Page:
During an Armed Services Subcommittee hearing on Wednesday, Rep. Hank Johnson (D-Georgia, 4th District) pressed the Dept. of Defense (DOD) for an update on his request to review contracts signed with Team Themis. After having his questions deflected and earning a non-committal agreement to hand over the contracts, Rep. Johnson remarked that he isn’t going to let the situation be swept under the rug.
Collectively, Team Themis consists of HBGary Federal, Palantir Technologies, and Berico Technologies. Along with lobbyist law firm Hunton & Williams, the three are tied to a plot to help the U.S Chamber of Commerce target political critics. This is in addition to a plan to target supporters of WikiLeaks, including private citizens and journalists. The WikiLeaks plot was exposed here on The Tech Herald [link], and the ChamberLeaks plot was exposed by Think Progress [link].
Last week, Rep. Johnson sent a letter to the DOD, as well as the Department of Justice (DOJ) and the Office of the Director of National Intelligence (ODNI), asking that any information regarding contracts signed with Team Themis be returned to his office within 10 business days.
Rep. Johnson is seeking, “in their entirety”, all past and present contracts held by Team Themis, in addition to a written explanation of what safeguards are in place to restrain federal contractors from using technologies for official use against American citizens. Moreover, he asked for a written explanation of who owns and controls the tools developed by contractors for the government.
This last request is important when you consider that the persona management software developed for the U.S. Central Command (USCENTCOM), also known as MetalGear, isn’t owned by the government, it’s owned by developer Ntrepid [link]. If contractors can sell to anyone with enough money, then critics say the chance for their technologies to be abused will skyrocket.
Rep. Johnson is looking to determine, given the public exposure of previous plans, if Team Themis “violated the law and/or their federal contracts by conspiring to use technologies developed for U.S. intelligence and counterterrorism purposes against American citizens and organizations on behalf of private actors.”
However, his mission is an uphill battle. During Wednesday's subcommittee hearing, his questions to the DOD's Teri Takai (CIO) and Elizabeth McGrath (deputy CMO) were deflected and he was given no solid information.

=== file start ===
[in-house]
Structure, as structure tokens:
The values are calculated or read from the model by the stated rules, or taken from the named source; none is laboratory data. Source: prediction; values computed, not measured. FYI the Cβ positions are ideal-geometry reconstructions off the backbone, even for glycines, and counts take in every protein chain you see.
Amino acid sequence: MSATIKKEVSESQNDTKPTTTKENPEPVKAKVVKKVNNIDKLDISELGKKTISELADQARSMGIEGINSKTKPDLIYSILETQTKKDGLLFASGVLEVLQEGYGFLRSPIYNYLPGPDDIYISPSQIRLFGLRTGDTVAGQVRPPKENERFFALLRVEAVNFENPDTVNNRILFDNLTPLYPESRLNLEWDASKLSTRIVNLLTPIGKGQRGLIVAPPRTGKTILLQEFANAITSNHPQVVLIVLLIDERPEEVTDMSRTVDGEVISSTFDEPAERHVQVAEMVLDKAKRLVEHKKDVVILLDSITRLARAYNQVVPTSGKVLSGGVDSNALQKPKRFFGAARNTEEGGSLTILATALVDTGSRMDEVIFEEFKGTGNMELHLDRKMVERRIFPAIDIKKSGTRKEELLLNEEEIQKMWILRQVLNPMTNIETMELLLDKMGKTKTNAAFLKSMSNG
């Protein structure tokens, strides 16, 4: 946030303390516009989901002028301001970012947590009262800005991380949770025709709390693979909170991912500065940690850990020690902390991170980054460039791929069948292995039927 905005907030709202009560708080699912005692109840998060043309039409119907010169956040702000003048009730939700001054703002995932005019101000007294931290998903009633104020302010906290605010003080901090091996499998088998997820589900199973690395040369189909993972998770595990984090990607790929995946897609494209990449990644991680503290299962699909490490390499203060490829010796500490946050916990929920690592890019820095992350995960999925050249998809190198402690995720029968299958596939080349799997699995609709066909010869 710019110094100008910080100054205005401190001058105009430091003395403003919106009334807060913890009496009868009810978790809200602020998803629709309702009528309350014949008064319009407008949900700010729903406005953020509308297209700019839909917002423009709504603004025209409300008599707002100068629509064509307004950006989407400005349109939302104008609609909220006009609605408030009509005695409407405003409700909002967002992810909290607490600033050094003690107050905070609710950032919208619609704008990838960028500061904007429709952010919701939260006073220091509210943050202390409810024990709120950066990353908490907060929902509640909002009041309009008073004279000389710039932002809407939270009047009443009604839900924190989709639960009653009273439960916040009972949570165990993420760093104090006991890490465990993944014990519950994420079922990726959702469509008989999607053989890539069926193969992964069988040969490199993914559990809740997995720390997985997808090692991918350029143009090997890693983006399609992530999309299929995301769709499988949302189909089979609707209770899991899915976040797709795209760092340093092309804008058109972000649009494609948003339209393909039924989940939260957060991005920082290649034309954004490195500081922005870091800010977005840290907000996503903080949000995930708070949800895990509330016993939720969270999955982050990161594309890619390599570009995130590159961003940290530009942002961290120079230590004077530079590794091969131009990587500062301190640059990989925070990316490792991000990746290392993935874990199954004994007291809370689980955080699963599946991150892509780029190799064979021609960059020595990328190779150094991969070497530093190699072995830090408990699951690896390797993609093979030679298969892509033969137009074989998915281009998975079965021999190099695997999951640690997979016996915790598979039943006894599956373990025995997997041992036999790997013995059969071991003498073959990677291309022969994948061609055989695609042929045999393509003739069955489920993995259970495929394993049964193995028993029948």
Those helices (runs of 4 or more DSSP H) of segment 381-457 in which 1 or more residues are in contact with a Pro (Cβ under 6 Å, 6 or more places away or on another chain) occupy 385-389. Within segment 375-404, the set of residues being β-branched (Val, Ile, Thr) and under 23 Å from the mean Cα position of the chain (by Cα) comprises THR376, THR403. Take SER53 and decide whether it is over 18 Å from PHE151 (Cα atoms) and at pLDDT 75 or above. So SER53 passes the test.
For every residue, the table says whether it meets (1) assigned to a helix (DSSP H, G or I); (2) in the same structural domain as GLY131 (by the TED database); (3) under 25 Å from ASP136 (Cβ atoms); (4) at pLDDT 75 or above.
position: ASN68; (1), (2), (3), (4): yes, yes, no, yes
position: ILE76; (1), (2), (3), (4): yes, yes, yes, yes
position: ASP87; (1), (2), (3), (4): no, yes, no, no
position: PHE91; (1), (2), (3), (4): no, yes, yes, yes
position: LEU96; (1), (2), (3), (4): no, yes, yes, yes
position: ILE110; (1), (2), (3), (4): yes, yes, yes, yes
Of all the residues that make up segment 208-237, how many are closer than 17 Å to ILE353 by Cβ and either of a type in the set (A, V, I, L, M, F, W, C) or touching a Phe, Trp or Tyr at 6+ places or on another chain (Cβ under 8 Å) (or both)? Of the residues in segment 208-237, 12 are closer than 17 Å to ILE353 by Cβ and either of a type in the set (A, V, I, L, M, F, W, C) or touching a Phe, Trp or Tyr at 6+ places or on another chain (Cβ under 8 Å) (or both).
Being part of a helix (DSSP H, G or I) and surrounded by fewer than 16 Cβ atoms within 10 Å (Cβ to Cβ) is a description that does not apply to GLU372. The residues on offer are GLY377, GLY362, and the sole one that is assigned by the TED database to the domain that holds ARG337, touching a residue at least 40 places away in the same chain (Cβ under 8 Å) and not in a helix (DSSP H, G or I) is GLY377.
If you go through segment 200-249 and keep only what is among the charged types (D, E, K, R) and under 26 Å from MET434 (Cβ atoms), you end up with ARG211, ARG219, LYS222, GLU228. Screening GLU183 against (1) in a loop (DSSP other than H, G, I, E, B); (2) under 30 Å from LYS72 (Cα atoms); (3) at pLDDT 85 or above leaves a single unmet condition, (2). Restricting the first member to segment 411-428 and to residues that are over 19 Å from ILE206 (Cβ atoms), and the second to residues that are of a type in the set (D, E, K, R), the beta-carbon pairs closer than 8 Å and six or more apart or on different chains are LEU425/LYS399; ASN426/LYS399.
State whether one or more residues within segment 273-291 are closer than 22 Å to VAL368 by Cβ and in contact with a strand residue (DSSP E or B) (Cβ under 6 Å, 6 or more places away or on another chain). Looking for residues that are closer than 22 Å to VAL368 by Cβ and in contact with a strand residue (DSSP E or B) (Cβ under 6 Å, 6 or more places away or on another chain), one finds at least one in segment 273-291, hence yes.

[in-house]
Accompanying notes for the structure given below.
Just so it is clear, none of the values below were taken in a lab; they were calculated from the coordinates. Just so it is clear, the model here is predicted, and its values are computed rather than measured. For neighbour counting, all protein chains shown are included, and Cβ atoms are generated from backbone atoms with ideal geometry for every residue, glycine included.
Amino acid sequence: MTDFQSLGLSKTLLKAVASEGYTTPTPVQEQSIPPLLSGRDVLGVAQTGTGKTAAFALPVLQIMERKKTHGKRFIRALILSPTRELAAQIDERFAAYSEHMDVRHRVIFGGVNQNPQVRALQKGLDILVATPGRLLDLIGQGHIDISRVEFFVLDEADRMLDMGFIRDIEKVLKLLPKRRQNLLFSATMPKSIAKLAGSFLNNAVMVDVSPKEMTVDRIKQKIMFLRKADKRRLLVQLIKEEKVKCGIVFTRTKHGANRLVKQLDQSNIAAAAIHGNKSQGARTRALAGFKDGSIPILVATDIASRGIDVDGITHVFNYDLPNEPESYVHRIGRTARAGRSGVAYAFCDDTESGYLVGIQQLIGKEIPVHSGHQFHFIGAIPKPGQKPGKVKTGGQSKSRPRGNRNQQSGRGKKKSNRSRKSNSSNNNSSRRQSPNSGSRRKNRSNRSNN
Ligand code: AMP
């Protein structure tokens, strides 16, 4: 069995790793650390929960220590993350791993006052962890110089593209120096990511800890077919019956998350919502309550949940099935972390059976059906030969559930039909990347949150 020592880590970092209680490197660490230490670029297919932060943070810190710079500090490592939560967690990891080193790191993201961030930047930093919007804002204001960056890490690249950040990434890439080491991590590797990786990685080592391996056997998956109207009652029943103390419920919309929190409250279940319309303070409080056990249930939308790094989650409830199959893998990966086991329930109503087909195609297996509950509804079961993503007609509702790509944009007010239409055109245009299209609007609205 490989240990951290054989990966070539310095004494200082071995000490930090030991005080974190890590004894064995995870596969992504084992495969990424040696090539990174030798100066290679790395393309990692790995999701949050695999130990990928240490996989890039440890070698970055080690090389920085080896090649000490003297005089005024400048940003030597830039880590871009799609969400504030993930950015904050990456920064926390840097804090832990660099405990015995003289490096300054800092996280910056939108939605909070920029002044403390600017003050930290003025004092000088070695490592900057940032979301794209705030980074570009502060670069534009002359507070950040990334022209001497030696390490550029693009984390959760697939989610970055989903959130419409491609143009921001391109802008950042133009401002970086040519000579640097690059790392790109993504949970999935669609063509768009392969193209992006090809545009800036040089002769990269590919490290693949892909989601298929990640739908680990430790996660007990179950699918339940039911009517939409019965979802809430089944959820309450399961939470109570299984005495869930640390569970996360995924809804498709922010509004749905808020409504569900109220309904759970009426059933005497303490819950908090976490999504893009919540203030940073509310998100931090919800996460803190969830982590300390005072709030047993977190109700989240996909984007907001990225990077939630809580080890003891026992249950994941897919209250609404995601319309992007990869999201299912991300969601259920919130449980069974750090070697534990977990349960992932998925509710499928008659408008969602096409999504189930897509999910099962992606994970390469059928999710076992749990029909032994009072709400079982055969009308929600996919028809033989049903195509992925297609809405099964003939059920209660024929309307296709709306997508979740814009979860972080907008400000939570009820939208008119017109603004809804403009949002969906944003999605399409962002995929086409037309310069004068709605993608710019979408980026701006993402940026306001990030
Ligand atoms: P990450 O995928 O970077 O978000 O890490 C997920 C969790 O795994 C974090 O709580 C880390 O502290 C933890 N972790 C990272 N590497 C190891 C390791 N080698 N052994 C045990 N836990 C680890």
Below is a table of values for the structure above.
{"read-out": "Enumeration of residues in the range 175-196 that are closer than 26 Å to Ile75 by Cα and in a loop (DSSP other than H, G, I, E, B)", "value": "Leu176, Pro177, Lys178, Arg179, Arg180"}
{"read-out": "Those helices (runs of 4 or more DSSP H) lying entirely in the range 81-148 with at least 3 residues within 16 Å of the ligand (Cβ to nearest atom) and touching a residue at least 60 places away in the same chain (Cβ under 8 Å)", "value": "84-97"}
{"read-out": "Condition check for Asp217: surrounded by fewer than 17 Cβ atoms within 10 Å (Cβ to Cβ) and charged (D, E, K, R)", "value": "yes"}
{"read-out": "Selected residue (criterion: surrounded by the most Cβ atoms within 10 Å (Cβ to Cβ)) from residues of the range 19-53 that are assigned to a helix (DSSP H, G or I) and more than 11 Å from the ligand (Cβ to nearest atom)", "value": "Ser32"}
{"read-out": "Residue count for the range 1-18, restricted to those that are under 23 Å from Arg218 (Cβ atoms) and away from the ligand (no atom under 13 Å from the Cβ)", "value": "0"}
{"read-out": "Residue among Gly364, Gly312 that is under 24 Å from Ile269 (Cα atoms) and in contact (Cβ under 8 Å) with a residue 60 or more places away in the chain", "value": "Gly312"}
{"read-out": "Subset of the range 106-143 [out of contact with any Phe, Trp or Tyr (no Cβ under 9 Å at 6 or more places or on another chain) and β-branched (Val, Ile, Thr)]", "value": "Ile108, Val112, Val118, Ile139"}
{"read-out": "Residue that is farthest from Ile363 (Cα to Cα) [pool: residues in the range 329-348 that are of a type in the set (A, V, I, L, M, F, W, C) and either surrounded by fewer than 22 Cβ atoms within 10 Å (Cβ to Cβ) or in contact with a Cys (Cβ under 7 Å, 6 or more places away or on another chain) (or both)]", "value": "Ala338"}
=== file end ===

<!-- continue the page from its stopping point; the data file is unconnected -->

When asked about the proposals by Team Themis to turn counter terrorism and intelligence techniques in the private sector against critics of Bank of America or the U.S. Chamber of Commerce, Takai said she was “not familiar with that specific proposal,” noting that the DOD would be happy to gather the information and get back to Rep. Johnson with it.
After that, Rep. Johnson referenced his previous request for the information, which was given to General Keith Alexander and Dr. James Miller, Jr. He asked if Takai knew what happened with regard to that previous request, whether it was being complied with, or if any attempts had been made by the DOD to comply with it.
Takai said she did not have that information, and, instead of supplying an answer that was incorrect, she said she would have her office look into things and make sure that “we get back to you...”.
Johnson pressed further, questioning Takai about technologies developed by HBGary Federal, targeting the rootkit software it is known for, and asking if it was the kind of capability provided to the DOD. Again, Takai said she was not familiar with “that company” and she would have her staff get the information ahead of getting back to Rep. Johnson.
The non-committal responses contunied when Takai was asked if a contractor would be violating the provisions of their contract for using technologies developed for the government against private citizens.
Specifically, she wouldn’t comment on any HBGary federal provisions or other contractors in general, opting instead to again get back to Johnson with those answers. It’s an interesting circumstance considering Takai's role within the DOD. While she might not know of every contract, she would have certainly heard about Team Themis and seen some of the press coverage surrounding it.
Clearly bothered by the lack of answers, Rep. Johnson remarked that the contracts and Team Themis’ actions are a very important issue, “that I’m not planning on sweeping under the rug.”
For her part, McGrath said she would help Takai get the information to Rep. Johnson and saw no issues with providing the contracts for review. The game of wait and see will continue, it seems.
We’ll keep watching and report on any new developments as and when they happen.